It’s Isaiah 1:18 – “Come now, and let us reason together, saith the LORD: though your sins be as scarlet, they shall be as white as snow; though they be red like crimson, they shall be as wool.”
And nearby, the Beatles are singing We Can Work It Out of course. Things can be solved if, in good faith and with a bit of humility on all sides, we drop the posturing and nonsense and deal with the problem at hand. Things are never as bad as they seem. Apply sweet reason to the issue – that’ll fix things.
In politics it’s called bipartisanship. Back in the sixties, Lyndon Johnson was asked by a national magazine for his favorite quotation. He quoted Isaiah – “Come now, and let us reason together.” Yep, in 1965 he was Time’s Man of the Year for that sort of thing. He got things done by working with people. It was bipartisanship – he’d call up his Republican friend Everett Dirksen and get his vote on this or that.
But of course he was a real son-of-a-bitch who twisted arms and made threats that were all too real. He got the Civil Rights Act of 1964 passed, and then the Voting Rights Act, and along the way gave us Head Start, food stamps, work study, Medicare and Medicaid. That’s quite a legacy. He changed America for the better, or at least made it so the government was actively involved in allowing all citizens, regardless of chance circumstance, like foolishly being born black, or born into poverty in a shack in the Ozarks, some breathing room in a dog-eat-dog world. You may be one of those who think that whole idea is wrong, that providing such breathing room impinges on everyone’s freedom, especially the freedom to fail and die miserably all on your own and all that, but he did these things, and they’re all still with us.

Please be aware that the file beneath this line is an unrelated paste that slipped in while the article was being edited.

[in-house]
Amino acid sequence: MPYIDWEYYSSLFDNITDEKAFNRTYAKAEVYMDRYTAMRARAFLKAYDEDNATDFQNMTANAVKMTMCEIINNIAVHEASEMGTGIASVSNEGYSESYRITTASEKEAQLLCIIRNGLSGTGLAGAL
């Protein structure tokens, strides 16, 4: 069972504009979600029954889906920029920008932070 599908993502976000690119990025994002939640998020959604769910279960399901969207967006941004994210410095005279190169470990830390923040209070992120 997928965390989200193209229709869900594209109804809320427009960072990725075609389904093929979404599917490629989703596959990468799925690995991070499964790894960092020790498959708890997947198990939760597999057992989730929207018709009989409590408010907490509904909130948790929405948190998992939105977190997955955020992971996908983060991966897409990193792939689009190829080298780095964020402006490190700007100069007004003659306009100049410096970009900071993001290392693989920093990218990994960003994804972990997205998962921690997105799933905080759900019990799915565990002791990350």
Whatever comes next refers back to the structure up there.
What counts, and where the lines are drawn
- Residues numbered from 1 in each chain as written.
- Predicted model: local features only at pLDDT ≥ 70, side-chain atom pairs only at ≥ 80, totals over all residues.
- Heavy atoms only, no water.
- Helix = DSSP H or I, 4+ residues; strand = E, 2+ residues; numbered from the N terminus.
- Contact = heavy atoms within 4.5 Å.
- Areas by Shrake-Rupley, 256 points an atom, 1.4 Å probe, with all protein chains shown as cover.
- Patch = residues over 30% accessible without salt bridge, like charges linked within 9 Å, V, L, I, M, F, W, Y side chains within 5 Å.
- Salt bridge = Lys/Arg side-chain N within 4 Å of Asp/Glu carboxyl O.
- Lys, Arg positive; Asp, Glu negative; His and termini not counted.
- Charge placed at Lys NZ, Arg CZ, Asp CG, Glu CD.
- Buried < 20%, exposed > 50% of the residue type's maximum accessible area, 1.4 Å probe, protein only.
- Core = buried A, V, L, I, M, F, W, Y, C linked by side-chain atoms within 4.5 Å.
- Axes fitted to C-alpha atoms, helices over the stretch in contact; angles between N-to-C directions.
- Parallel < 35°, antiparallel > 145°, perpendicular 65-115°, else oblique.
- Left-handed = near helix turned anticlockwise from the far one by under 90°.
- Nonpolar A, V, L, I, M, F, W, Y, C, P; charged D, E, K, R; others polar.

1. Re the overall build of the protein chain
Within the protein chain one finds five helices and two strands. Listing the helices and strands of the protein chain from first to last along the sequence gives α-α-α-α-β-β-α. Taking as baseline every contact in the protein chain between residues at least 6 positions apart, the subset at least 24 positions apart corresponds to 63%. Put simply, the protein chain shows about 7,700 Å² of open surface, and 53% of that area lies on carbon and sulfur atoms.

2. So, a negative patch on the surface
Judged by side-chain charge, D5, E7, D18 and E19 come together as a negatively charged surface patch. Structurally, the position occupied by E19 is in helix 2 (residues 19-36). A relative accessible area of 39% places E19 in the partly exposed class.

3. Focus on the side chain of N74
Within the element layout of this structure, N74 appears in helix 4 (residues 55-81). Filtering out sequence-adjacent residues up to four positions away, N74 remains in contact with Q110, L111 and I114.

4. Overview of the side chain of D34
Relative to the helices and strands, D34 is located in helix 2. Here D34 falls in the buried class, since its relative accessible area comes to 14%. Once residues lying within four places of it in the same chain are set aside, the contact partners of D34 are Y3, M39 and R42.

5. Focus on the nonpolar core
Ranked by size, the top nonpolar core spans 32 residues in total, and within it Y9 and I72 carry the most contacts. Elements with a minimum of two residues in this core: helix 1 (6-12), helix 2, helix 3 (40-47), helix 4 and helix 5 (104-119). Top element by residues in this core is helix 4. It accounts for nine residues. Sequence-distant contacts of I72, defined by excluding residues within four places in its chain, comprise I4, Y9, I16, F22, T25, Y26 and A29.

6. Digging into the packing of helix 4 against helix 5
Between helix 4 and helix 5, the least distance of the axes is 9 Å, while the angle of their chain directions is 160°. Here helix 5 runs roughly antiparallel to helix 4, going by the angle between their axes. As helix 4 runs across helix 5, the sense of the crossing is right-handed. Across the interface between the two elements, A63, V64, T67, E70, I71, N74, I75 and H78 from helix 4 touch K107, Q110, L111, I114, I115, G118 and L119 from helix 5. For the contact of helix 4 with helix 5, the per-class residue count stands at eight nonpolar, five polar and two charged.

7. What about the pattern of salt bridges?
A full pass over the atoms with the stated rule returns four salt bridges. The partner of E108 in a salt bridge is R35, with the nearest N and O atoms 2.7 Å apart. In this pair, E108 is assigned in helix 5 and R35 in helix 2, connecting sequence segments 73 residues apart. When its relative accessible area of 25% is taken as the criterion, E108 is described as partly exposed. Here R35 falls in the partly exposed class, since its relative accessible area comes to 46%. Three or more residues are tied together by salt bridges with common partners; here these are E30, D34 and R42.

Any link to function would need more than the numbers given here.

It was all about decency and fairness, and of course he reasoned with people – there was a good deal of horse-trading, and he had the embarrassing goods on any number of important people, as he’d been around congress forever, and they knew what he knew about them. And they knew that as affable as he was, he wasn’t exactly a nice guy. Thus Johnson had an odd concept of what reasoning was. He was ruthless and he would get what he wanted, one way or the other. Sitting down to reason with him must have been a bit frightening. On civil rights matters, Doctor King took the high ground and changed people’s hearts. Johnson did the legislative part, the necessary dirty work of rounding up the votes. He had them by the balls. Think of King and Johnson as a tag-team. And their appeals weren’t to pure reason.
And of course that Beatles song was part of the zeitgeist back then, the fiction that we could all reason together and fix things and make them right. But listen to the lyrics – the guy is telling the girl that she’s being a jerk, an unaware spoiled brat, really. She should listen to him, because he’s patiently listened to her, and she’s ruining everything. It’s obvious that this reasoning together stuff is, operationally, a nasty business. Reasoning together is the ideal. Reality is something else entirely.
Obama, the man of reason, or so he has always presented himself, is discovering that. He spent ninety minutes with the Republican House Caucus, presumably reasoning with them. But they didn’t reason back. He suggested they drop the posturing and nonsense and deal with the problems at hand, after he’d done the same thing the day before in his State of the Union address. They weren’t impressed.
In the ninety minute meeting he tried humor, and reason, and logic:
That’s why I say if we’re going to frame these debates in ways that allow us to solve them, then we can’t start off by figuring out, A, who’s to blame; B, how can we make the American people afraid of the other side. And unfortunately, that’s how our politics works right now. And that’s how a lot of our discussion works. That’s how we start off – every time somebody speaks in Congress, the first thing they do, they stand up and all the talking points – I see Frank Luntz up here sitting in the front. He’s already polled it, and he said, you know, the way you’re really going to – I’ve done a focus group and the way we’re going to really box in Obama on this one or make Pelosi look bad on that one – I know, I like Frank, we’ve had conversations between Frank and I. But that’s how we operate. It’s all tactics, and it’s not solving problems.